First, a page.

Revisiting Delhi Darbar

This piece appeared in The Asian Age on February 29, 2012
Delhi Darbar, 1911: The Complete Story
By Sunil Raman and Rohit Agarwal
Lotus (Roli),
pp. 176, Rs 495
There is a lot that lies buried in the ruins and ramparts that catch your eye when you take a tour of Delhi. The tombs, parks and monuments, tucked away on a quiet street or off a busy thoroughfare, silently tell the tale of their past, somewhat forgotten, glory, besides the story of our monumental civic neglect. The commemorative sandstone obelisk that stands tall on a square plinth at the heart of the 50-acre Coronation Park in North-West Delhi is one place where a slice of the city’s majestic past battles with an apathetic present. History lies buried here: The history of the coronation darbar of King George V. Delhi Darbar, 1911: The Complete Story, by senior journalist Sunil Raman and erstwhile Army officer Colonel (Retd) Rohit Agarwal, resurrects and resuscitates this slice of history that remains, by and large, unrecorded. Through rare photographs, sketches, news clips, letters and drawings, the book (Roli) revisits the aura and arrangements of the 1911 Delhi Darbar, recreates the royal regalia of the Raj that  
Authors Sunil Raman and Rohit Agarwal
dazzled the city in British India.
December 12, 2011 marked the centenary of Delhi’s designation as India’s capital,
following King George V’s announcement to shift the British Indian capital from Calcutta (now Kolkata) to Delhi. The authors, who worked with a tight deadline, researching the book even as the city was being decked up for the Commonwealth Games, write: “Today, a hundred years later, memories have been erased under the weight of dust, the sound of honking cars and motorcycles, the rush of people and indifferent residents…”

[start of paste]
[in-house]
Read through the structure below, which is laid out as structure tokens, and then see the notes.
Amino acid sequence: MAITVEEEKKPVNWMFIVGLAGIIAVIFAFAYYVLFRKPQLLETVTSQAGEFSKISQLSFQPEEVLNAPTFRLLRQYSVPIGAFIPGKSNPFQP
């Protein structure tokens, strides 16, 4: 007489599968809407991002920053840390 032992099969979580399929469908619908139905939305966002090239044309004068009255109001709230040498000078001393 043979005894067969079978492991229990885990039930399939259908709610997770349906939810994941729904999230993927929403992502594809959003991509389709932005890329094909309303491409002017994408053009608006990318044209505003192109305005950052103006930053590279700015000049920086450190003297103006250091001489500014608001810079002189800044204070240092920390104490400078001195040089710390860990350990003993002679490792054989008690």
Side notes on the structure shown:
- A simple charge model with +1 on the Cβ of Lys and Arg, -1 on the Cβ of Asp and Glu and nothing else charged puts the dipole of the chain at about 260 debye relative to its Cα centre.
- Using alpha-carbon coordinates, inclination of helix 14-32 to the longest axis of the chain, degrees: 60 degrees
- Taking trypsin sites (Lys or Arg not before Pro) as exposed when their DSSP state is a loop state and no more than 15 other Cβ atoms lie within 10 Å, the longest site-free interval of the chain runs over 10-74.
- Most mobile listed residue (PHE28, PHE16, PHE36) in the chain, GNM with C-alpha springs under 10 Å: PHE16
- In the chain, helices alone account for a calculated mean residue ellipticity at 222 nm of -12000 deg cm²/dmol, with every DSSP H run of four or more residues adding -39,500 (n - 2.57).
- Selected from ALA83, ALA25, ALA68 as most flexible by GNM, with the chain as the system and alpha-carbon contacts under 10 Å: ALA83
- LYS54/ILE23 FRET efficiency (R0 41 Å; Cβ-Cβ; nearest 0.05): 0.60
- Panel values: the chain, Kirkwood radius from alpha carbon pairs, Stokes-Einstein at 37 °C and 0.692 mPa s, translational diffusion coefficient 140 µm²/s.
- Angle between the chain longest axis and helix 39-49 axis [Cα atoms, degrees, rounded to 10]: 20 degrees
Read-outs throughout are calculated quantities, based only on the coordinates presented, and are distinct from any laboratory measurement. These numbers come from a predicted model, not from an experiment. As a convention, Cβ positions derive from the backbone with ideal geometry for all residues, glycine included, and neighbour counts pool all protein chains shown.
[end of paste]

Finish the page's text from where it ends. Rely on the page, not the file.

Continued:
The 1911 Delhi Darbar might eventually have become a mere “moment” in the history of
British rule over India, but it is fascinating to take a peek into what was one of the largest
congregation of the king and the commoners, the ruler and the ruled.
A little less than 10 km from the medieval walls of Shahjahanabad, the 1911 darbar was held in makeshift tents on the vast open ground. Before 1911, the site had seen the coronation of British monarchs in 1877 and 1903. The 1877 darbar, organised by Lord Lytton, indicated India’s inclusion into the British empire, coinciding with the formal announcement of the elevation of Queen Victoria as the Empress of India. After her death in 1901, her eldest son, King Edward VII, ascended to the throne. The 1902 darbar was held under the prudent supervision of Viceroy Lord Curzon, who mounted “a far grander imperial darbar than Lord Lytton’s. But King Edward VII didn’t make it to the darbar.
The Delhi Darbar of 1911 was far more significant for the simple fact that King George V was present in person. And his distant subjects could see him in flesh and blood, hear him speak.
The book details how King George V, in his first speech in Parliament surprised everyone when he announced his India visit. The authors argue that the “thought of ordinary people seeing the king in person was seen as a political astute move that would translate into greater allegiance to the British crown. This, at a time when the Swadeshi Movement had gathered momentum and the Nationalists had found fervour in the wake of Lord Minto’s 1909 Constitutional reforms that was widely seen to be the first step towards dividing Hindus and Muslim.